Major issue

A major problem is that a big chunk of our resources are spent on advanced stages of cancer and that too in the last six months of treatment in a patient’s journey. If the same resources are spent on cancer prevention and early diagnosis, it would be extremely beneficial for the patients and society at large. It is heartening to realise that almost 60 per cent of cancer is preventable. Tobacco contributes to more than two-thirds of patients in this segment and the other preventable causes are related to diet, lifestyle, vaccine for cervical cancer, liver cancer, etc. Proper education using IT and mass communication tools, with focus from primary education level onwards, could change the scenario rapidly.

Establishment of diagnostic centres

In early stages, the treatment outcomes are very gratifying, less expensive and there is minimal treatment-related morbidity. The operational cost of such a setup would be less than 5 per cent of operational cost of a hospital. These centres could be attached to nearby larger treatment facilities. Probably lot of diagnostic load from hospitals would also shift. These centres should be well equipped with imaging, endoscopies and biopsy procedures. The SOPs should ensure that more than 80 per cent of the patients are adequately attended in less than 72 hours. No cancer facility is complete without a comprehensive palliative care setup as an integral part, and it’s high time we bring the palliative care program centre stage.

Need for infrastructure

In the last two decades, we have seen dramatic growth in trained manpower and number of comprehensive cancer centres. In fact, in the last fifteen years, these numbers would be more than the total work done in the hundred years before that. There is a need to understand our disease pattern and response to treatment. To execute this, we need the infrastructure for research.

Chairman – Max Institute of Cancer Care
Max Super Speciality Hospital, Saket, New Delhi




How is Cancer Diagnosed?

Dr. Navile Aditya Murli

There is no single, simple method to diagnose cancer. It may take several months or years for malignant cells to multiply to the point where they become a detectable cancer. The symptoms produced by a cancer depend on its location and unfortunately it is possible for cancer to become widespread before it starts to produce any symptoms at all.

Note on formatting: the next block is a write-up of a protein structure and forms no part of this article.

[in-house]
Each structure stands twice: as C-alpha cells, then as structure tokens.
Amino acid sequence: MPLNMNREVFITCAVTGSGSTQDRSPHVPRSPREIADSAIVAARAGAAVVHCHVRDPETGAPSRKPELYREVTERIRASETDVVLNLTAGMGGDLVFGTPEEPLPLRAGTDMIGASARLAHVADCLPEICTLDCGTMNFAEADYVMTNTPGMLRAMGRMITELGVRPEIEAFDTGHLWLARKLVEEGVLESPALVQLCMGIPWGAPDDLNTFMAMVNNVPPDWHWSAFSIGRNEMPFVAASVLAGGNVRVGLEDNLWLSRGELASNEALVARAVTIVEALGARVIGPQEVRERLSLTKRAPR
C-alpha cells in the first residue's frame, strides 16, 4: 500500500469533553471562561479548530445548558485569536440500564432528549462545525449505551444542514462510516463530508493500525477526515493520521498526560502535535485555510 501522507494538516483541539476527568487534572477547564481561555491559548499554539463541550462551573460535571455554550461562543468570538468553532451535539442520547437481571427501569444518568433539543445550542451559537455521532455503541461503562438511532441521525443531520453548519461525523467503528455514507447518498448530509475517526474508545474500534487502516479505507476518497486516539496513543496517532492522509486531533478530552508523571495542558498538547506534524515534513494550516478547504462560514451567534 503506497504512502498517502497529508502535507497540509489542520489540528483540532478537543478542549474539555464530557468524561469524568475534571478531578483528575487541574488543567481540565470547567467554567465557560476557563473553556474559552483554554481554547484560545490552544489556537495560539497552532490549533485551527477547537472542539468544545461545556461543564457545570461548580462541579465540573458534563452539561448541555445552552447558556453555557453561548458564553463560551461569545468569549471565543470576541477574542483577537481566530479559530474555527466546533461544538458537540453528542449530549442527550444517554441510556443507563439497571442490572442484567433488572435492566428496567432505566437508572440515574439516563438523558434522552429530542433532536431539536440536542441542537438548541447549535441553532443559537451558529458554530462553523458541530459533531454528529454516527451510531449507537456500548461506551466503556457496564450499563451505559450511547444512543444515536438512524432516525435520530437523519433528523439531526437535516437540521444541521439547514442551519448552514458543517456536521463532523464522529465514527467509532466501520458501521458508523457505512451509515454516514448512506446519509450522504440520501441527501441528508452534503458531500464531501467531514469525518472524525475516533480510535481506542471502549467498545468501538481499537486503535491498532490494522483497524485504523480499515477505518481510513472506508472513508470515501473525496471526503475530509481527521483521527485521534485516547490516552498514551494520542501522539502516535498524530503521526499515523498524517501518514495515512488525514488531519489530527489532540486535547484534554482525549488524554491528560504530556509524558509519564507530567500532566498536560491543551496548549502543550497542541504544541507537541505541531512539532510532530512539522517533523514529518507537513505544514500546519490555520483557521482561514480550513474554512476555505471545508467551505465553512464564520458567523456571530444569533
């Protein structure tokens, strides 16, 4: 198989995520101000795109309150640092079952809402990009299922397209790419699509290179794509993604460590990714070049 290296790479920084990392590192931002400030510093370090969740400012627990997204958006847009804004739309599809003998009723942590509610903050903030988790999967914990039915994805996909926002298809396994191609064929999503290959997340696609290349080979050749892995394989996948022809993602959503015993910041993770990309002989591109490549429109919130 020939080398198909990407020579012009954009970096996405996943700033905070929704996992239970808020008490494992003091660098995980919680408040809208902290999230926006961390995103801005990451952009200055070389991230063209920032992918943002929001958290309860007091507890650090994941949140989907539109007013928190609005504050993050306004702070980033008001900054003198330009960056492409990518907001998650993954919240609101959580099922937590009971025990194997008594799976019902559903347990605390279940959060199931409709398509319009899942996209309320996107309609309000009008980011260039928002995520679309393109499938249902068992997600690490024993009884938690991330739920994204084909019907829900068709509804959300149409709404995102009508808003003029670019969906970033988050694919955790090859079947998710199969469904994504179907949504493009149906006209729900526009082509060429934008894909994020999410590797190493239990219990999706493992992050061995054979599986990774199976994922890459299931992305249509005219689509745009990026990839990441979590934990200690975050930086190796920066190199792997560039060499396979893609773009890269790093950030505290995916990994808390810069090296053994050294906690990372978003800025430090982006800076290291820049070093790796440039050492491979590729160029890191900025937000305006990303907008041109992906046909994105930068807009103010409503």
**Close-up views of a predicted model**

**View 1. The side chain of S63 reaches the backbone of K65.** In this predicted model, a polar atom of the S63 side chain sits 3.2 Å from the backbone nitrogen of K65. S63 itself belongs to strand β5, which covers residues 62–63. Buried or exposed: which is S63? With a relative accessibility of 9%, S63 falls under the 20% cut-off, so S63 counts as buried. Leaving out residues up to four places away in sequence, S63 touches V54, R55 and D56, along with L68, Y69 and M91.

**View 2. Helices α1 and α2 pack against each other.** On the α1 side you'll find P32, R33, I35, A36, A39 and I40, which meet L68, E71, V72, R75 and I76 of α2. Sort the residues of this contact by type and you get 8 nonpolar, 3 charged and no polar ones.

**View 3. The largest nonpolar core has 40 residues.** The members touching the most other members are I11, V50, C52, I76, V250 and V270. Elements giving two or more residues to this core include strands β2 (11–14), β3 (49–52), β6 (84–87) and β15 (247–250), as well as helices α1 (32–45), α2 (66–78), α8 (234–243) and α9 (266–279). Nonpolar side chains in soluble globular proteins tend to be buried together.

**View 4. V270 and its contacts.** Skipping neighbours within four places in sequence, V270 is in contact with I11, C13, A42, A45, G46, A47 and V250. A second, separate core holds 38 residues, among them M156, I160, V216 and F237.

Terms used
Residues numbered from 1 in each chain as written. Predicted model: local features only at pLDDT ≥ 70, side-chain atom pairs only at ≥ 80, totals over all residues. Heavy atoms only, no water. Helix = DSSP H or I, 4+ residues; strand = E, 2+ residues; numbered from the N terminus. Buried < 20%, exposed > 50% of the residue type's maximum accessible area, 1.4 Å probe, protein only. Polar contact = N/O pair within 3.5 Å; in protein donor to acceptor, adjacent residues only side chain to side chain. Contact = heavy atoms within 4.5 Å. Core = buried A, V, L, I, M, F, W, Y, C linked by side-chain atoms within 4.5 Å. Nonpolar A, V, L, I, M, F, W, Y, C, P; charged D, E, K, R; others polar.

Sometimes cancers may be discovered accidentally during routine tests or the investigation of non-specific symptoms.

The cancers that are easiest to detect are those that are on the skin and which show, for example, as a change in a mole or wart. Others may start close to the surface and can be seen or felt as a lump or thickening. There are also some parts of the body that are relatively easy to examine for early signs of cancer such as the mouth and throat, the cervix and vagina or the rectum and anus.

What is Biopsy ?

Cancer is usually diagnosed by an expert who has looked at cell or tissue samples under a microscope. In some cases, tests done on the cells’ proteins, DNA, and RNA can help tell doctors if there’s cancer. These test results are very important when choosing the best treatment options.

Tests of cells and tissues can find many other kinds of diseases, too. For instance, if doctors are not sure a lump is cancer, they may take out a small piece of it and have it tested for cancer and for infections or other problems that can cause growths that may look like cancer.

The procedure that takes out a piece of the lump, or a sample for testing is called a biopsy. The tissue sample is called the biopsy specimen. The testing process is sometimes referred to as pathology.

How Biopsy is done ?

A biopsy is a procedure in which the doctor removes a sample of tissue. A pathologist  then looks at the tissue under a microscope to see if it is cancer. The sample may be removed in several ways: